Pacific Northwest: Crater Lake

Crater Lake was formed when Mount Mazama, a 12,000-foot volcano, violently erupted approximately 7,700 year ago. No longer able to support its own weight once the magma chamber was emptied, Mount Mazama collapsed and a caldera was formed. This caldera then filled with rain and snowfall. Since no streams run into the lake, there is very little sediment to cloud the water.

The lake has thick mats of bacteria at depths where there is no light. There are also thick rings of moss, reaching depths of 400 feet, along the caldera walls. Hydrothermal pools have also been discovered, indicating a volcanic heat source. Mount Mazama may be dormant, but it is not extinct.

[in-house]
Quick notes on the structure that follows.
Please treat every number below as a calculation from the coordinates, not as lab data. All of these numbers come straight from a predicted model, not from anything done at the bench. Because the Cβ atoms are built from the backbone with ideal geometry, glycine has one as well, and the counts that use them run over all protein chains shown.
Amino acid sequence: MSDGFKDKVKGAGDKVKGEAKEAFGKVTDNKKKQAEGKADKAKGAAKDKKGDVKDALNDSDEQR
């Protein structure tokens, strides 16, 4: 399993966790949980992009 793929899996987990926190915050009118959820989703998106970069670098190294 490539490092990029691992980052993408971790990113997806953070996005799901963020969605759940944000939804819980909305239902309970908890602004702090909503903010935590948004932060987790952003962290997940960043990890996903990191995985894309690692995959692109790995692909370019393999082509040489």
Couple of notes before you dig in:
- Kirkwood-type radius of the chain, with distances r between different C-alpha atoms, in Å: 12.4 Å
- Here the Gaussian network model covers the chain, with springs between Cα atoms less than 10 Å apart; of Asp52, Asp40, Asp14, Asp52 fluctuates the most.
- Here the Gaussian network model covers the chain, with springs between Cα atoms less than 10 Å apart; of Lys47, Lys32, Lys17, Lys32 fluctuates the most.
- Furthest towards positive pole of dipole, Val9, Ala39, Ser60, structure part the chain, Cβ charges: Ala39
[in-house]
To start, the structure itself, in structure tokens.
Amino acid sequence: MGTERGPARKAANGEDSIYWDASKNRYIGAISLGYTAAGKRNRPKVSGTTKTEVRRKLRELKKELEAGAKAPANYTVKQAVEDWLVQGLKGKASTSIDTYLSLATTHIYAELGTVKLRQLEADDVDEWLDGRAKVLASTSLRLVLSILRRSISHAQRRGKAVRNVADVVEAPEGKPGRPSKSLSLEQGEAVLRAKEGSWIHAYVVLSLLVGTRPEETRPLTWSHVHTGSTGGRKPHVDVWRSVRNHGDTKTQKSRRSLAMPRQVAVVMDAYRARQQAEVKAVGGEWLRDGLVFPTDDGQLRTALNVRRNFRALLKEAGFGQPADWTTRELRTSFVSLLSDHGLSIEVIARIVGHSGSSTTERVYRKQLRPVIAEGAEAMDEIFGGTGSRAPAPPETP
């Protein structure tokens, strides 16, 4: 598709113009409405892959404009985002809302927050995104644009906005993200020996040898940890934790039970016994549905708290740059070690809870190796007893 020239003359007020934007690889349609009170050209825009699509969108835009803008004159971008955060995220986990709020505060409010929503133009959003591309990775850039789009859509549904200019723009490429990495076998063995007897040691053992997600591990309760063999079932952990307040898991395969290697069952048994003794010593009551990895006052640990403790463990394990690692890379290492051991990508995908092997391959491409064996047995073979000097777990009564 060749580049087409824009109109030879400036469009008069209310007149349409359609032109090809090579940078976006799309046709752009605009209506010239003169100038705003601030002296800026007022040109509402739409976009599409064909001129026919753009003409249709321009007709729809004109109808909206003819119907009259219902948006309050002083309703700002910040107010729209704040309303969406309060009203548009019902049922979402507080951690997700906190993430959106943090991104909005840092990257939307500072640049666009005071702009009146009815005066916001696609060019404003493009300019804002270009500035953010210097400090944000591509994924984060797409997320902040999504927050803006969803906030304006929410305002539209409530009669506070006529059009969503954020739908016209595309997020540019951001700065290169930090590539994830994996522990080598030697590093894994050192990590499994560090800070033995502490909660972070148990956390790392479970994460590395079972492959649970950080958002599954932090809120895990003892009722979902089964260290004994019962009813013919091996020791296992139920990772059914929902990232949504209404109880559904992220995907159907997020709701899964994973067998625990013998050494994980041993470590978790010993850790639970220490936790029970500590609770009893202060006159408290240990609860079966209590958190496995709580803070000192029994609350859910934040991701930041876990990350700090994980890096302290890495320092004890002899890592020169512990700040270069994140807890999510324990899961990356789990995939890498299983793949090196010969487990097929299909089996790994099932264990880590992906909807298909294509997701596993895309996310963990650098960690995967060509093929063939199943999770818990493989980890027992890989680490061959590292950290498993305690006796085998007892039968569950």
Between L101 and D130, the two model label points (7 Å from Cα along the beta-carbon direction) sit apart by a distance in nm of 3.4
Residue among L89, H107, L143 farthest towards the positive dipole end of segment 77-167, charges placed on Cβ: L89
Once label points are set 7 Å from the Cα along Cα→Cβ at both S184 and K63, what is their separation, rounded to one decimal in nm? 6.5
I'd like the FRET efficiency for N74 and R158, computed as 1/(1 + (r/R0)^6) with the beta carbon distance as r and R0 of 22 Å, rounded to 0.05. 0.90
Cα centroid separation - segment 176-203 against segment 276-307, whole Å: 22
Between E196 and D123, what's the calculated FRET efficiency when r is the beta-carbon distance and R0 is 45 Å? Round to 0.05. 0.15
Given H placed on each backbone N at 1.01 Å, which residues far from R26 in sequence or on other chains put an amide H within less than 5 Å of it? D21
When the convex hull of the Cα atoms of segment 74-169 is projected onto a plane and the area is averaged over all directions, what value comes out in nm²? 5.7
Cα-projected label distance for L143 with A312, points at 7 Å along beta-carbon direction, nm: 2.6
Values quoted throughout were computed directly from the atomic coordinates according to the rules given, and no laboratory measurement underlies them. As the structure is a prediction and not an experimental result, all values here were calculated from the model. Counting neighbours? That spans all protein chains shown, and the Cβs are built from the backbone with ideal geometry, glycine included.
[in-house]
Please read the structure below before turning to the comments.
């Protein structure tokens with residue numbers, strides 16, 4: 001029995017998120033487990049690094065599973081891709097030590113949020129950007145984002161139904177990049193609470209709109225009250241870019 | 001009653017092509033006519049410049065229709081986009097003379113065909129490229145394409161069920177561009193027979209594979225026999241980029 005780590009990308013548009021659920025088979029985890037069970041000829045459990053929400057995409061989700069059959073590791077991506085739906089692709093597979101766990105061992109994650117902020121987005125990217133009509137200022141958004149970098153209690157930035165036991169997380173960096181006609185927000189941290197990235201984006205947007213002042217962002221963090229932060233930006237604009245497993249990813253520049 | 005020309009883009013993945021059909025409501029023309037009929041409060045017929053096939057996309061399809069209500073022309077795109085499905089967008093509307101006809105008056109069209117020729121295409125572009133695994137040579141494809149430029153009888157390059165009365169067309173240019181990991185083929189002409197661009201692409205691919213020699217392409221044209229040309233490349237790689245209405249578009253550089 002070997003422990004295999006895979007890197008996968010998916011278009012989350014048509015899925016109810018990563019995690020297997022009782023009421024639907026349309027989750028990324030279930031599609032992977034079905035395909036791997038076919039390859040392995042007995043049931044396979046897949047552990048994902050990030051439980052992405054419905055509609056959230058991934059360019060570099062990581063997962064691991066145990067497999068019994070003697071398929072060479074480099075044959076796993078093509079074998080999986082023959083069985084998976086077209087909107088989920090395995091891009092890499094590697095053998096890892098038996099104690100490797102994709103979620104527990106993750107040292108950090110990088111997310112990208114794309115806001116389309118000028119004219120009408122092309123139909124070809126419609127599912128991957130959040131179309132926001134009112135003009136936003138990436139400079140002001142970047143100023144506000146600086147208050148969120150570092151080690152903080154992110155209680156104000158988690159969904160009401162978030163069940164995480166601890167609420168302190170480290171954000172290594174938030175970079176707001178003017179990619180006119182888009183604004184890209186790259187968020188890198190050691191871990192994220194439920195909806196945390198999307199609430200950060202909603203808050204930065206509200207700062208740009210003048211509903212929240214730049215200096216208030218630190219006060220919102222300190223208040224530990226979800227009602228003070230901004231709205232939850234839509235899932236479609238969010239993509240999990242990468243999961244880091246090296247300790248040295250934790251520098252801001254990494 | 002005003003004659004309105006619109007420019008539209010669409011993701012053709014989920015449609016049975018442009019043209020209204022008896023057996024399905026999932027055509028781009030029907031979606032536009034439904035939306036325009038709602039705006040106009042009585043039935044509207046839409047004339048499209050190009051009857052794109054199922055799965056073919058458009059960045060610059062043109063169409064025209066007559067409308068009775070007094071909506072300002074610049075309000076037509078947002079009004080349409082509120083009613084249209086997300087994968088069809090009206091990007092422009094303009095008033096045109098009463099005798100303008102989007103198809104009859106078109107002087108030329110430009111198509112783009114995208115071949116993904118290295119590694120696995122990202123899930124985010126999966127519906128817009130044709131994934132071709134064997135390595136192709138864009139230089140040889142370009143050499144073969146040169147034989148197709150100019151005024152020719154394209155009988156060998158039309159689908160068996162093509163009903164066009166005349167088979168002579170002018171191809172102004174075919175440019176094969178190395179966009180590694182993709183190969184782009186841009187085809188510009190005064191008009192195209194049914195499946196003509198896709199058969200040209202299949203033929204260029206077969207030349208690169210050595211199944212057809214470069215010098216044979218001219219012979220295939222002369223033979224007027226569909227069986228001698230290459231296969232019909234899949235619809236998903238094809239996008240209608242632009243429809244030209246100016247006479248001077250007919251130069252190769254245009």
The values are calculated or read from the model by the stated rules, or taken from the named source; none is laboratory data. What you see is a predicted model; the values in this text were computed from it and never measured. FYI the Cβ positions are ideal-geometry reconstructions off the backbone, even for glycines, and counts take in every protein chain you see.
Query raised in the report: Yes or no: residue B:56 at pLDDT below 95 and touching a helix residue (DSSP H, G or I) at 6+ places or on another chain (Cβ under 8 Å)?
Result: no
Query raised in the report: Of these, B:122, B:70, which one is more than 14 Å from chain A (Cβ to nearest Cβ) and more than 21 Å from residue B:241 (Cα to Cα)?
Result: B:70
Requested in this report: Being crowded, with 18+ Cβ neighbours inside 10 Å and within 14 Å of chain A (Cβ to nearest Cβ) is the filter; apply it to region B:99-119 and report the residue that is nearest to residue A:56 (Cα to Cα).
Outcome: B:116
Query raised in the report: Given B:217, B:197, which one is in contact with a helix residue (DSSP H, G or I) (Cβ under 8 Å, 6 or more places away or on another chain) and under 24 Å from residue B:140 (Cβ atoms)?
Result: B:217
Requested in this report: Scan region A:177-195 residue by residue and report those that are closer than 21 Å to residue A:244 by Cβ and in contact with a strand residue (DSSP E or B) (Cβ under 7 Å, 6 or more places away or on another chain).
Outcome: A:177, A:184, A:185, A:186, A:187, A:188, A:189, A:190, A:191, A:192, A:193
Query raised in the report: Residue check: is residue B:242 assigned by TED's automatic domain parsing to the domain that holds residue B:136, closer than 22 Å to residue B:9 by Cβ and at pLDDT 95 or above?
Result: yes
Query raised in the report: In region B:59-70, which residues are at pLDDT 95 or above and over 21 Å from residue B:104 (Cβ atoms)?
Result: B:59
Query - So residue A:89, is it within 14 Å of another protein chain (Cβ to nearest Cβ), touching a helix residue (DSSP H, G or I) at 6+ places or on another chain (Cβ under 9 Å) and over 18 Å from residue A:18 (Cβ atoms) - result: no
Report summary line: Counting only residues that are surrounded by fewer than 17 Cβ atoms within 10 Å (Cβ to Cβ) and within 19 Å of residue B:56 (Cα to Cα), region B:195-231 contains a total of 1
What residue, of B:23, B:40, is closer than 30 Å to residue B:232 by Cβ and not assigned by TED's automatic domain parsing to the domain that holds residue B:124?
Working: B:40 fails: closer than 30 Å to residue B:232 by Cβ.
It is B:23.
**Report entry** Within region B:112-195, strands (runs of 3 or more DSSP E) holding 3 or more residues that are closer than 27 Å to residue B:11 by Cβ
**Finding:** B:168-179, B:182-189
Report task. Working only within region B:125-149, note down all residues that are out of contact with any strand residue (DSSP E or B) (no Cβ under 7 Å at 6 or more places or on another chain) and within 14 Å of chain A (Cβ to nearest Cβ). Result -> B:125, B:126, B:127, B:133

Our visit to Crater Lake was a drive through due to time constraints. There were also some closures in the park due to trail repair. The only campground for RVs is Mazama Village. The park is beautiful an is on our list to return to.

Gallery: Click on a picture to open the gallery.

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